Can Science Improve Your Sex Life?


With work, studying or a stressful schedule,
it can be *hard* to find the time or energy for that extra edge in the bedroom. But, could
science have a solution to our sexual woes? It just might… Sexual desire in both men and women is controlled
by your hormones. When something triggers you to be ‘turned on’, the brain and nervous
system send signals to your pelvis, causing blood vessels to dilate. You experience an
increased heart rate, while your brain releases norepinephrine, dopamine and other pleasurable
neurotransmitters which make it clear to your body that you’re having a good time. And humans have long tried to enhance this
biological response throughout history. Unfortunately, there is no real scientific evidence to the
pop culture myth that oysters, chocolate or other so called ‘aphrodisiacs’ will make
you horny. And while Viagra may prolong an erection, contrary to popular belief, it actually
doesn’t make you more aroused. It works solely to inhibit an enzyme so blood flow
to the penis is increased, and only acts on the peripheral nervous system. So popping
the blue pill won’t increase libido, nor will an erection occur without initial stimulation.
Not to mention, it has no effect on women. But it turns out that scientists may have
mistakenly stumbled upon a new sex secret… In an effort to create sunless tanning agents,
scientists were researching melanocortin – a specific protein in the brain which can control
skin pigmentation. Except, when 10mg of the synthetic version called melanotan-II were
injected in a male, an immediate and unstimulated erection lasting 8 full hours occurred along
with nausea and vomiting. At 2.5 mg the erection lasted 2-3 hours with minimal nausea. But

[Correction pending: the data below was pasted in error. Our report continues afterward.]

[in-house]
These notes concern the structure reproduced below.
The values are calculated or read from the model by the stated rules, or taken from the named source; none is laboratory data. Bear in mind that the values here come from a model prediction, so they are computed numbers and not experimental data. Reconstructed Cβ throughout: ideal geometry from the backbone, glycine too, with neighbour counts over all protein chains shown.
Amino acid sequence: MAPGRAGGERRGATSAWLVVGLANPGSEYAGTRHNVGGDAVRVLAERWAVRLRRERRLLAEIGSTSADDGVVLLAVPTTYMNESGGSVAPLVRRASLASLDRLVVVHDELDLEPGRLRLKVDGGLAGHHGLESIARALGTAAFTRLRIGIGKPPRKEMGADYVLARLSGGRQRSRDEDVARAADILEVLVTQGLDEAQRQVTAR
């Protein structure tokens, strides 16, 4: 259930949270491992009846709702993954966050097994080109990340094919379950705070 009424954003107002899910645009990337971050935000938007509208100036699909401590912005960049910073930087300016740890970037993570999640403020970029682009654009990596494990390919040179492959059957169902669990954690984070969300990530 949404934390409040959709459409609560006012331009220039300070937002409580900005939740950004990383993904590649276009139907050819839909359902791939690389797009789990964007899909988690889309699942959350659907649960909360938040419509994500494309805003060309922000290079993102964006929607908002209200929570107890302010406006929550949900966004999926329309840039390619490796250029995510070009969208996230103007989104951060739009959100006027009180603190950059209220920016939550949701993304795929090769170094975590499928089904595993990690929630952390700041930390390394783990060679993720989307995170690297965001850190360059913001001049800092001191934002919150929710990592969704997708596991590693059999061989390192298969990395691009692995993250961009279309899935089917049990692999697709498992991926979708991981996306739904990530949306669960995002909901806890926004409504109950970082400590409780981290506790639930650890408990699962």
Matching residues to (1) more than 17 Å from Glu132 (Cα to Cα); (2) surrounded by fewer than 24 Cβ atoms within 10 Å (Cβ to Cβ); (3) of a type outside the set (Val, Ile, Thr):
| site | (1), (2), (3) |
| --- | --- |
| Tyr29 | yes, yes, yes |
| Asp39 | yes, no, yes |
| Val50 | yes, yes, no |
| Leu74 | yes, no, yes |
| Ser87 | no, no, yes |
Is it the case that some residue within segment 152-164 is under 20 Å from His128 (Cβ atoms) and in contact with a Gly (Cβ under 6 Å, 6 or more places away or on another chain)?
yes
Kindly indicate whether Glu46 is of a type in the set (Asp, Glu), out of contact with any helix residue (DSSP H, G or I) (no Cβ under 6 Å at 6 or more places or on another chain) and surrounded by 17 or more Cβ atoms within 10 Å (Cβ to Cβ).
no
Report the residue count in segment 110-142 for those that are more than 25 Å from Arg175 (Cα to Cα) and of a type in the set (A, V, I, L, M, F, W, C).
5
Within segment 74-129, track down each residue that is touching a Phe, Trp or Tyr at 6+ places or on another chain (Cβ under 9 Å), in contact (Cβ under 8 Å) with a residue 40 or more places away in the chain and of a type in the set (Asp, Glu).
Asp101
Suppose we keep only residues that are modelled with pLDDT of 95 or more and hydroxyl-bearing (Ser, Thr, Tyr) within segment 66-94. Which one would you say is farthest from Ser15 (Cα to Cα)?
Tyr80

after bringing the dose to 1.25 mg, the males were aroused and had consistent erections
without any nausea. Surprisingly, this drug is now being effectively administered as a
nasal spray – ‘sniff-a-stiff’ anyone? On top of which, the drug works on females
too. When female rats were injected, along with
other hormones such as β-estradiol-3-benzoate and progesterone, they increased hops, darts,
and ear wiggling in front of their male counterparts. These are all actions designed to cause sexual
arousal, and invite male rats for sex. But, before you run out to find this seemingly
miraculous love elixir, just know that it hasn’t been approved or regulated anywhere
in the world yet. However, its derivative called bremelanotide, is currently undergoing
human clinical trials as a potential treatment for a myriad of sexual disorders, such as
female sexual arousal disorder. And since the main mode of action occurs directly in
the central nervous system, it works on both sexes. So eat your avocados, oysters and chocolate
for sustenance…and let science handle the sex. Special thanks to Audible.com for supporting
this episode and giving you a free audio book of your choice at audible.com/asap. Audible
is the leading provider of audiobooks with over 150,000 downloadable titles across all
types of literature. We recommend the book “Being Mortal: Medicine and What Matters
in the End” which tackles how medicine can not only improve life, but the process of
its ending. You can download this audio book or another of your choice, for free, at audible.com/asap.
And with a subscription you get one free book a month! Special thanks to Audible for making
these videos possible! And subscribe for more weekly science videos!

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